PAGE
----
Women, Wealth and Mobility

46 Pages Posted: 27 Jun 2007 Last revised: 12 Nov 2013

See all articles by Lena Edlund

Lena Edlund

Columbia University - Graduate School of Arts and Sciences, Department of Economics

Wojciech Kopczuk

Columbia University - Graduate School of Arts and Sciences - Department of Economics; Columbia University - School of International & Public Affairs (SIPA); National Bureau of Economic Research (NBER)

Date Written: June 2007

Abstract

The extent of and changes in inter-generational mobility of wealth are central to understanding dynamics of wealth inequality but hard to measure. Using estate tax returns data, we observe that the share of women among the very wealthy (top 0.01%) in the United States peaked in the late 1960s, reaching almost 50%. Three decades on, women's share had declined to one third, a return to pre-war levels. We argue that this pattern mirrors the relative importance of inherited vs. self-made wealth in the economy and thus the gender-composition of the wealthiest may serve as a proxy for inter-generational wealth mobility. This proxy for "dynastic wealth'' suggests that wealth mobility in the past century decreased until the 1970s and rose thereafter, a pattern consistent with technological change driving long term trends in income inequality and mobility. Greater wealth mobility in recent decades is also consistent with the simultaneous rise in top income shares and relatively stable wealth concentration.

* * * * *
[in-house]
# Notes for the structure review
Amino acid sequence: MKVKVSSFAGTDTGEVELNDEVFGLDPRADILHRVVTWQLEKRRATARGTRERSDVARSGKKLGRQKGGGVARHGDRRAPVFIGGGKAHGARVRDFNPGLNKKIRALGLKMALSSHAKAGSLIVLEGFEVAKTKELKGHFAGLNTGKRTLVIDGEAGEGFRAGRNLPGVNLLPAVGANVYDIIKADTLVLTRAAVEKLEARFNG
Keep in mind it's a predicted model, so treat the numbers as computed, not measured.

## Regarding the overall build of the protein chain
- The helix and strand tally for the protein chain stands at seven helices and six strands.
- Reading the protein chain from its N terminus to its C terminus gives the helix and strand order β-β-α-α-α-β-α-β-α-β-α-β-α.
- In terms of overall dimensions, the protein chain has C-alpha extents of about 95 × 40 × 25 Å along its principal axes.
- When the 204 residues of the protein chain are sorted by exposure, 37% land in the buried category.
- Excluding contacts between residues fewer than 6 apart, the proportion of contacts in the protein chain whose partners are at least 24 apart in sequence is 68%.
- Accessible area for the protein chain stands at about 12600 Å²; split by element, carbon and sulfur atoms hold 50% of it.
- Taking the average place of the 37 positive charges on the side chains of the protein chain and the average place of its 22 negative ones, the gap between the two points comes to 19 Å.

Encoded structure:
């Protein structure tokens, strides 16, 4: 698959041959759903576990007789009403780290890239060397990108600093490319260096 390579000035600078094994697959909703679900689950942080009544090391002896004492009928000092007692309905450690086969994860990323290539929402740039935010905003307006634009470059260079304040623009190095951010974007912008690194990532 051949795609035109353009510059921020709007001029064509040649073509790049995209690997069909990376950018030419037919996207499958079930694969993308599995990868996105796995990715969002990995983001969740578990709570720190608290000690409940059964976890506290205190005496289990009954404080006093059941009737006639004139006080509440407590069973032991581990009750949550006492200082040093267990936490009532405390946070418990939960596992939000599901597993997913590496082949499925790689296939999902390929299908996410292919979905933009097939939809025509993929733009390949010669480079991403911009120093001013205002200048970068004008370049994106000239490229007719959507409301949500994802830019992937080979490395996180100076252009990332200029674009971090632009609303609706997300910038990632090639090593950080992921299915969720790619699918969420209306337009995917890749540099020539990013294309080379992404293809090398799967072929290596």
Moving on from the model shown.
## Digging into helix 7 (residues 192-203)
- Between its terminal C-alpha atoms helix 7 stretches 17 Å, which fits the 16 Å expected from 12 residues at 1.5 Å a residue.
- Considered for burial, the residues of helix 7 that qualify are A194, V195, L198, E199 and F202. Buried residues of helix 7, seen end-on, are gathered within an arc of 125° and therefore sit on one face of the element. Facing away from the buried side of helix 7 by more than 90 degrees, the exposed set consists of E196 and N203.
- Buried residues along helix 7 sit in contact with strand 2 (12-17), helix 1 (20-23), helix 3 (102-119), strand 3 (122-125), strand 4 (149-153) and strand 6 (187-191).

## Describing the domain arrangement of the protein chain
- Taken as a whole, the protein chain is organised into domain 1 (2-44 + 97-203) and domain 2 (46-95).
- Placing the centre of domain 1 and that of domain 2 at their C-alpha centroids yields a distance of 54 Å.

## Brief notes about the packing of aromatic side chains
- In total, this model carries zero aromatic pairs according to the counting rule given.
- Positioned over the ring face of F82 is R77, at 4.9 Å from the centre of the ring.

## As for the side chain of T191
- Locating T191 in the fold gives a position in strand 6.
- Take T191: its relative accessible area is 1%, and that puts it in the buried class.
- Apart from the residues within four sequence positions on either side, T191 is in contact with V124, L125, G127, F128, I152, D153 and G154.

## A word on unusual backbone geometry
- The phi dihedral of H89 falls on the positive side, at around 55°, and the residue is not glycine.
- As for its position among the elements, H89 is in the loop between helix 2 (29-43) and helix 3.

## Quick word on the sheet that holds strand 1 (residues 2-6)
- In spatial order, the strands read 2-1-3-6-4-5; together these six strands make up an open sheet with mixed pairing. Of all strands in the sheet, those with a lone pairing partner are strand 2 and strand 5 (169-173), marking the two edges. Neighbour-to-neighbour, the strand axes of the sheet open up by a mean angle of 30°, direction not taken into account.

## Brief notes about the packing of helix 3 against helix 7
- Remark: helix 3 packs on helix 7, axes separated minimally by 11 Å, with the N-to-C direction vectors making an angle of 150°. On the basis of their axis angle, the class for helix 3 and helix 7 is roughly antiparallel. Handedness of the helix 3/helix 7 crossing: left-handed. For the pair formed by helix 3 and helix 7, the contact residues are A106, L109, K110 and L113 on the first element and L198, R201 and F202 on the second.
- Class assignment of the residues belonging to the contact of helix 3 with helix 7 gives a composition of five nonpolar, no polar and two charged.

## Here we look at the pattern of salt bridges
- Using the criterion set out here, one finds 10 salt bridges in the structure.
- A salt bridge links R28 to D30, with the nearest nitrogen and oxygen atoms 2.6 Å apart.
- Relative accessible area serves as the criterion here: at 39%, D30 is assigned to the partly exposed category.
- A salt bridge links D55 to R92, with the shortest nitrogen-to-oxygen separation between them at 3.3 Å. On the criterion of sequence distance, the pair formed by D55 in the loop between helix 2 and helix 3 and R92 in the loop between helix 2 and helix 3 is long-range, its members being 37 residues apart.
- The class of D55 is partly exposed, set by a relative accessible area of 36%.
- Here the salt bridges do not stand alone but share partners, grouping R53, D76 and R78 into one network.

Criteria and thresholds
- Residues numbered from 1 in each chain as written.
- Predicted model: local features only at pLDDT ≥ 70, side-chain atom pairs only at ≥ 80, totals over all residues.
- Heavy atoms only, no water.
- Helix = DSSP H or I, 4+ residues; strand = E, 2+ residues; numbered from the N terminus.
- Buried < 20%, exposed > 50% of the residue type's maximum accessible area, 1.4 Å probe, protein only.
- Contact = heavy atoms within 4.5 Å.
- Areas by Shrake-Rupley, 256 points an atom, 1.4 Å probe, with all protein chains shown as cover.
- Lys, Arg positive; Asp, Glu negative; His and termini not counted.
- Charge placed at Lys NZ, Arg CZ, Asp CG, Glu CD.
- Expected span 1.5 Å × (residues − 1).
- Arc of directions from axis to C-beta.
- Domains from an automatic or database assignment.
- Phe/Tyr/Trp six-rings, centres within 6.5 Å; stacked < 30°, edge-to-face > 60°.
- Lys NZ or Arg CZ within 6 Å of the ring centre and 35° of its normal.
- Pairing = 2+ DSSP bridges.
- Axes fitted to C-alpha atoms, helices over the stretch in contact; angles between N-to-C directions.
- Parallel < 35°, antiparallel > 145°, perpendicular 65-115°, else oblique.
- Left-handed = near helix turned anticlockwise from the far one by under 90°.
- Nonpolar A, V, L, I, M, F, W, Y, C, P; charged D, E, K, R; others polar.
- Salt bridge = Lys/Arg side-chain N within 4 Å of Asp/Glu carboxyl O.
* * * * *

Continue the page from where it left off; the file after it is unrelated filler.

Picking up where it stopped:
Suggested Citation

Edlund, Lena and Kopczuk, Wojciech, Women, Wealth and Mobility (June 2007). NBER Working Paper No. w13162. Available at SSRN: https://ssrn.com/abstract=993064

Lena Edlund

Columbia University - Graduate School of Arts and Sciences, Department of Economics ( email )

420 W. 118th Street
New York, NY 10027
United States
212-854-5489 (Phone)
212-854-8059 (Fax)

Wojciech Kopczuk (Contact Author)

Columbia University - Graduate School of Arts and Sciences - Department of Economics ( email )

420 W. 118th Street
New York, NY 10027
United States

Columbia University - School of International & Public Affairs (SIPA)

420 West 118th Street
New York, NY 10027
United States

National Bureau of Economic Research (NBER) ( email )

1050 Massachusetts Avenue
Cambridge, MA 02138
United States

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